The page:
Companies face a delicate balancing act these days. On the one hand, they’re under increasing pressure from customers, investors and industry watchers to become more transparent. On the other, they have to remain competitive while striving for sustainability. Balancing those different objectives isn't always easy. But many companies are developing innovative ways to get it done.
Understanding a company’s value chain is a crucial part of the process, said James Fava, senior director at sustainability consultant PE International, during a GreenBiz webcast on value-chain collaboration this week.
He described the chain as not only including upstream elements, such as manufacturing and processing, but also downstream pieces, such as retail use and disposal.“It is really critical to know that these exist,” he said.
A whopping 80 percent of management uses just 20 percent of the available opportunities to become more sustainable and create more value, he claims.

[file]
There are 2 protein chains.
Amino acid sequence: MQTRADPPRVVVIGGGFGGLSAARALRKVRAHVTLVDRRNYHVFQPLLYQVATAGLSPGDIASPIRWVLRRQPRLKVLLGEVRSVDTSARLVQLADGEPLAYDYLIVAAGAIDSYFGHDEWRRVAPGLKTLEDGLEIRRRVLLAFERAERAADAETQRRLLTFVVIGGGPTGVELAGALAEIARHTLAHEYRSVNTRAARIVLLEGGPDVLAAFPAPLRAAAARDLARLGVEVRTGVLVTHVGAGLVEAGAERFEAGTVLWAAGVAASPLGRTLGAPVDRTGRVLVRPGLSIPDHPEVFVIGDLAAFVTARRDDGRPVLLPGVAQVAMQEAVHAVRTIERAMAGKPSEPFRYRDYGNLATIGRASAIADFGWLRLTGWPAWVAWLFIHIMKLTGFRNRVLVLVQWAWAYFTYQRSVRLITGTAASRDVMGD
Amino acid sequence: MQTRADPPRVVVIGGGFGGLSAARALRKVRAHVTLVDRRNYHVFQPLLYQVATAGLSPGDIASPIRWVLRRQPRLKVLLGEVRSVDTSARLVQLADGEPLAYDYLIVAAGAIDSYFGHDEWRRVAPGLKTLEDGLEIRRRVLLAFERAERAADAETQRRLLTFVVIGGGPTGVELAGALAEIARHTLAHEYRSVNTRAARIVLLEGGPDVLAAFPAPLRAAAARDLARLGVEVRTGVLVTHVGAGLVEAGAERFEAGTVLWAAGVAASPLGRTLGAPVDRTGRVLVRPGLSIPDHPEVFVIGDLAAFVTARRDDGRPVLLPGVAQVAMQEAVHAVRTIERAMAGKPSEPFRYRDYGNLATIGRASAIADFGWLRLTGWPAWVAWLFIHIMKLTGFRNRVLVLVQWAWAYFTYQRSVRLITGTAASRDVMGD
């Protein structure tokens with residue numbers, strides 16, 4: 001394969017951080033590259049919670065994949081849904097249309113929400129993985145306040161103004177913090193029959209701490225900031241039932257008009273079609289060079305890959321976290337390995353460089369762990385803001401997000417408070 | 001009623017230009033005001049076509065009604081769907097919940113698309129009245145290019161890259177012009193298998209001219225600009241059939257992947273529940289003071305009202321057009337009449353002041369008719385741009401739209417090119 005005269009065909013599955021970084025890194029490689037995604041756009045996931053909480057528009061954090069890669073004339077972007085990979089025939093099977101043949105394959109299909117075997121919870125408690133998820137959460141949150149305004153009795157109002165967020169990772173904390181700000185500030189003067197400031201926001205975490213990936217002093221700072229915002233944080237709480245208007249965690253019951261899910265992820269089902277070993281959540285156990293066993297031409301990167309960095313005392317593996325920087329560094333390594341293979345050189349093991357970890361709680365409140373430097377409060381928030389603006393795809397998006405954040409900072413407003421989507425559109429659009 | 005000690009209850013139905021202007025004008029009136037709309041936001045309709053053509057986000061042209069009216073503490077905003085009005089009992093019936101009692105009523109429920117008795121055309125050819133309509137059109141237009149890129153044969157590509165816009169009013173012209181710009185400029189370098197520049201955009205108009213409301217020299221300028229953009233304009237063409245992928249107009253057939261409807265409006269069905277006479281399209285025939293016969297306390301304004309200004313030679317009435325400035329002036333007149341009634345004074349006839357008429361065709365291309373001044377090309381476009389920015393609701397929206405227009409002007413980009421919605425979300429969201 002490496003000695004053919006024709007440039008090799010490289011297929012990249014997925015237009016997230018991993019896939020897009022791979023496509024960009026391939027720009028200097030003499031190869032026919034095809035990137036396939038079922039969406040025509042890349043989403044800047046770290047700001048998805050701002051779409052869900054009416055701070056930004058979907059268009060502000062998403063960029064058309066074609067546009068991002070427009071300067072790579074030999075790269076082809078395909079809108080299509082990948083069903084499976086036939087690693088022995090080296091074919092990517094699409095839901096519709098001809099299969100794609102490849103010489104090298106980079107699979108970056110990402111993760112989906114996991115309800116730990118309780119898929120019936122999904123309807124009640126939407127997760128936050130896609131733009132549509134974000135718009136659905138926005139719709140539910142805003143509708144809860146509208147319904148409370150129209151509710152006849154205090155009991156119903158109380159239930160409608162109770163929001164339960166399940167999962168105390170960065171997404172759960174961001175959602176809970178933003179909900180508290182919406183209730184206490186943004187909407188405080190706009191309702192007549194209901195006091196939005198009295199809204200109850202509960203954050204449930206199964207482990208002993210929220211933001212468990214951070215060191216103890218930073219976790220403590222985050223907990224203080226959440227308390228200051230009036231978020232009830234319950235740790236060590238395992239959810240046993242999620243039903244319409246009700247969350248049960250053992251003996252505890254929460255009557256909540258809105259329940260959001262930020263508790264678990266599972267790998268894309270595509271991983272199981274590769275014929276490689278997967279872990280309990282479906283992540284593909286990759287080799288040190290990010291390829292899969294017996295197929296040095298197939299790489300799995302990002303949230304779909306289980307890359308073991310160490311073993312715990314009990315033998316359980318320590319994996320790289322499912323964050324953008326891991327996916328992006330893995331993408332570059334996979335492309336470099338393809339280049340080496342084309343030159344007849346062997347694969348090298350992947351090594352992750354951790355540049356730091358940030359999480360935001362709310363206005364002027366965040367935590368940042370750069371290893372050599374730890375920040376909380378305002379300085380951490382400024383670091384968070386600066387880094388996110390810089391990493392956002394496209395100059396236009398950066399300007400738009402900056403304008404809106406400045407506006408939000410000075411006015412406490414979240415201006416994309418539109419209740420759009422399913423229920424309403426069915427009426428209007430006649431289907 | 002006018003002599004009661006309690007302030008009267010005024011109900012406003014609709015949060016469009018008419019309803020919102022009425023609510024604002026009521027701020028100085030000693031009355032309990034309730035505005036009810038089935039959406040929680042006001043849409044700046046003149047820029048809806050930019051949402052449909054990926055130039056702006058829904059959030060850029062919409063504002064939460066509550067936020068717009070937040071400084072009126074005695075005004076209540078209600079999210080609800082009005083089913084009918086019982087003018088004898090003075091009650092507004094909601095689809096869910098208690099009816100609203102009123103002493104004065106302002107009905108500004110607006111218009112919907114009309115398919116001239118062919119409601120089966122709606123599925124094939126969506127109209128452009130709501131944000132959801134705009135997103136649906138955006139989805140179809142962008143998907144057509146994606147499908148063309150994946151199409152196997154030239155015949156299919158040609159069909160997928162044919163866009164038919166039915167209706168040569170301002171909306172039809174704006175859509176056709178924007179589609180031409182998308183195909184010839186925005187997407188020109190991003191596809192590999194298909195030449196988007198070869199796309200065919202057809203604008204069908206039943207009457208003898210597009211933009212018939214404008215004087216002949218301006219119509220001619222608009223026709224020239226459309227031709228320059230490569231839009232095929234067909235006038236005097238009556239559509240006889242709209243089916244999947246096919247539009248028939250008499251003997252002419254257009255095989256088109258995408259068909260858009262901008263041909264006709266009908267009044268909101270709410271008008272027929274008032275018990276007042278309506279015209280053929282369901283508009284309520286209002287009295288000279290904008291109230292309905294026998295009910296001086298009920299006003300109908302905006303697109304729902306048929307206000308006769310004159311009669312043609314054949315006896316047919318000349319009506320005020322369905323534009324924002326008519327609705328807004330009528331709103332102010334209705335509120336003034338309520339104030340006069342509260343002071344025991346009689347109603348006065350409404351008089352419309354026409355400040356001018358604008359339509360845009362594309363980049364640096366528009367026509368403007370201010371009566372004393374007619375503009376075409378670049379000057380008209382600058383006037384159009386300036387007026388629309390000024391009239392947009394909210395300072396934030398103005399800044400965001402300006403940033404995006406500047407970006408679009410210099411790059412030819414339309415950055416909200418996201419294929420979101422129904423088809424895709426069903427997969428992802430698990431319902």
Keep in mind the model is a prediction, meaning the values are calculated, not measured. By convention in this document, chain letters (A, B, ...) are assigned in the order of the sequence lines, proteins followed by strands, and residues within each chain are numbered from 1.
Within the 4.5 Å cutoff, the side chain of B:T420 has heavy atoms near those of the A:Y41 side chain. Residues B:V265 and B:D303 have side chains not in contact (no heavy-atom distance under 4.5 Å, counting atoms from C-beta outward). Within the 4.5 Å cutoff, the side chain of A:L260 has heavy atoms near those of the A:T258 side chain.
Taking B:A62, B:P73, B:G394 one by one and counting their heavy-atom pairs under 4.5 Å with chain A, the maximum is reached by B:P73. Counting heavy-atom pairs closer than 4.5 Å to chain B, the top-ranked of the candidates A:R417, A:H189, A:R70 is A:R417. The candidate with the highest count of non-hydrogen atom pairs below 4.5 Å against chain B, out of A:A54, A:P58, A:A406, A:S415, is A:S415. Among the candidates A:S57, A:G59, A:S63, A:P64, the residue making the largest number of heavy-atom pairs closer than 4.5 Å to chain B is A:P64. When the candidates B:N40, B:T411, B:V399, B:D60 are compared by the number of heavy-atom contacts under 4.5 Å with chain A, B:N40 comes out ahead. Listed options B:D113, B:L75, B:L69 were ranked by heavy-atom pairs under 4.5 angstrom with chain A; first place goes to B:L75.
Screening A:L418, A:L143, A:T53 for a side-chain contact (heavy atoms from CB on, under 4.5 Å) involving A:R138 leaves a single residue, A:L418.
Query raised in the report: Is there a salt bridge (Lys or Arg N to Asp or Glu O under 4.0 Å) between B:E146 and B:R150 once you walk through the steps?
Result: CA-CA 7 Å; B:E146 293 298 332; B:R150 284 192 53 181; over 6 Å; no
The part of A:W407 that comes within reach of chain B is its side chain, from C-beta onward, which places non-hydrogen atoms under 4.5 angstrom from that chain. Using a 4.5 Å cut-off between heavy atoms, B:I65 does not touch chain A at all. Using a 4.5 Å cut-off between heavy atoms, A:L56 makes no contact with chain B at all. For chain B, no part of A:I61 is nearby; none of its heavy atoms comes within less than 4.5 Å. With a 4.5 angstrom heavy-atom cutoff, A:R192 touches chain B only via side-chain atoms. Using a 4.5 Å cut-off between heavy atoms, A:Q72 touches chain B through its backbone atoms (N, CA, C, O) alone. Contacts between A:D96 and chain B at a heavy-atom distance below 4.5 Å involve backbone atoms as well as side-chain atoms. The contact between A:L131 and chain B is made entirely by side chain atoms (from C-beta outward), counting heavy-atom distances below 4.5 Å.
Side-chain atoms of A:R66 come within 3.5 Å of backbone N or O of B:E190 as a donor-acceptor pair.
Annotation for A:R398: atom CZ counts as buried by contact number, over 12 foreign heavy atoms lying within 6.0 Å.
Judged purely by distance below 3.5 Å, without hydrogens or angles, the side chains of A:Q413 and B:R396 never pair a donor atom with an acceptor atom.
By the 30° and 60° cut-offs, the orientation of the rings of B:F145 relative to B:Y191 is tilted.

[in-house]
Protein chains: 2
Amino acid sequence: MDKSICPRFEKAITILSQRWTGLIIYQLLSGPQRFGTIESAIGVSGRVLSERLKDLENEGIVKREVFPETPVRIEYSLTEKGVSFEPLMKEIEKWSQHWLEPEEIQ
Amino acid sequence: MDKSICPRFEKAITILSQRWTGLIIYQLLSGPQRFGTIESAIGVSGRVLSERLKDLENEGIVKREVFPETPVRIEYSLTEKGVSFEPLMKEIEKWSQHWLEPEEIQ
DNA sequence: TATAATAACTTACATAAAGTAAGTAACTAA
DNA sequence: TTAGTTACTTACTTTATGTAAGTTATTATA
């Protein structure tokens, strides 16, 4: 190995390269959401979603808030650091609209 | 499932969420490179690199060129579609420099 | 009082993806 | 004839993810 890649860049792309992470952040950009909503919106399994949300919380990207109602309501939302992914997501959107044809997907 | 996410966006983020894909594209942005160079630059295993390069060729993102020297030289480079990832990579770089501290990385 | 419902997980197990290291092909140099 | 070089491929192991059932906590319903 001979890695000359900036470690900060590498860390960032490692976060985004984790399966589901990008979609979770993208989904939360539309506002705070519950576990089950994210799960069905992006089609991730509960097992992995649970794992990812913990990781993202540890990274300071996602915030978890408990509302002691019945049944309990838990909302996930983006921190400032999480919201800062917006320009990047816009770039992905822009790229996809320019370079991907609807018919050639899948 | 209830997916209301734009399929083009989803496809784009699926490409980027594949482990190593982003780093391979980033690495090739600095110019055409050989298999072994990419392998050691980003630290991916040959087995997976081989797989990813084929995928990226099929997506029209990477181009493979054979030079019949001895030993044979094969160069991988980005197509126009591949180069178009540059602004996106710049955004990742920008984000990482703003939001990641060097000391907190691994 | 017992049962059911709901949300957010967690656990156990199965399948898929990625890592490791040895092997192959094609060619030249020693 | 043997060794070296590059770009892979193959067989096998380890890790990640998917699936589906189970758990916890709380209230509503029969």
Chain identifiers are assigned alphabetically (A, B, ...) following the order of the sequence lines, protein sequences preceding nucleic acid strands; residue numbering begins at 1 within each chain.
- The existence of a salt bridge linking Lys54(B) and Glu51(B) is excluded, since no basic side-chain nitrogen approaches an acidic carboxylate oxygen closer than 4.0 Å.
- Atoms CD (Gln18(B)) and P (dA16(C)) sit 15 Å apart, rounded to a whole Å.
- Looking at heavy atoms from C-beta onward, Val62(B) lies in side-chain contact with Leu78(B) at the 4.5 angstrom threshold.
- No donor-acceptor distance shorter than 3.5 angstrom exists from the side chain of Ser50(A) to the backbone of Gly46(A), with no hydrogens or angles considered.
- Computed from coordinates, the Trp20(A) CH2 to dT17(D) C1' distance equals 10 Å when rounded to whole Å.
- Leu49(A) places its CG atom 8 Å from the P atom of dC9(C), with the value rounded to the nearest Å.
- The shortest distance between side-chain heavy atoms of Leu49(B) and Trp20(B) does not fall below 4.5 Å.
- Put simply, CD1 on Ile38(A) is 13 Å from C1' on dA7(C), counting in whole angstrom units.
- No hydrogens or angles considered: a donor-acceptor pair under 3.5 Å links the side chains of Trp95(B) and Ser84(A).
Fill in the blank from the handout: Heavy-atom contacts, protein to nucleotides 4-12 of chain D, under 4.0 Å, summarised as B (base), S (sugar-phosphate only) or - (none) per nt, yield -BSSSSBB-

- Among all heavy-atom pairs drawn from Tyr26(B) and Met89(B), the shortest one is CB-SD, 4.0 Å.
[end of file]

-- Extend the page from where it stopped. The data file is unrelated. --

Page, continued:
To take advantage of the untapped 80 percent -- and create a more transparent supply chain -- strategy is key, he said.
“It’s really important to know where you are and where you want to go,” Fava said. “This is really about how to understand your risk and manage your risk and [create] opportunities for the future.”
Everything else, such as management systems and decision support tools, all are centered on a company’s strategy, he said.
“A strategic implementation framework becomes paramount in how you’re going forward,” he said.
To illustrate where transparency and traceability is headed, Fava pointed to Patagonia’s Footprint Chronicles initiative. The outdoor clothing and gear company has made its supply chain public to help it reduce its overall environmental and social impacts.
With this initiative, the company is basically saying: ‘These are the good things we’re doing, and these are the bad things we’re doing, and asking for input how to do things differently,” Fava said.
How ThyssenKrupp became more transparent
For ThyssenKrupp, a multibillion-dollar German elevator company, sustainability means using all resources efficiently, including materials, people and procedures, said Brad Nemeth, the company’s vice president of sustainability.
In its effort to become more transparent, the first thing the company -- which has three manufacturing bases in the U.S., Canada and Brazil -- realized was that it needed to have some kind of a sustainability program in place, Nemeth said.
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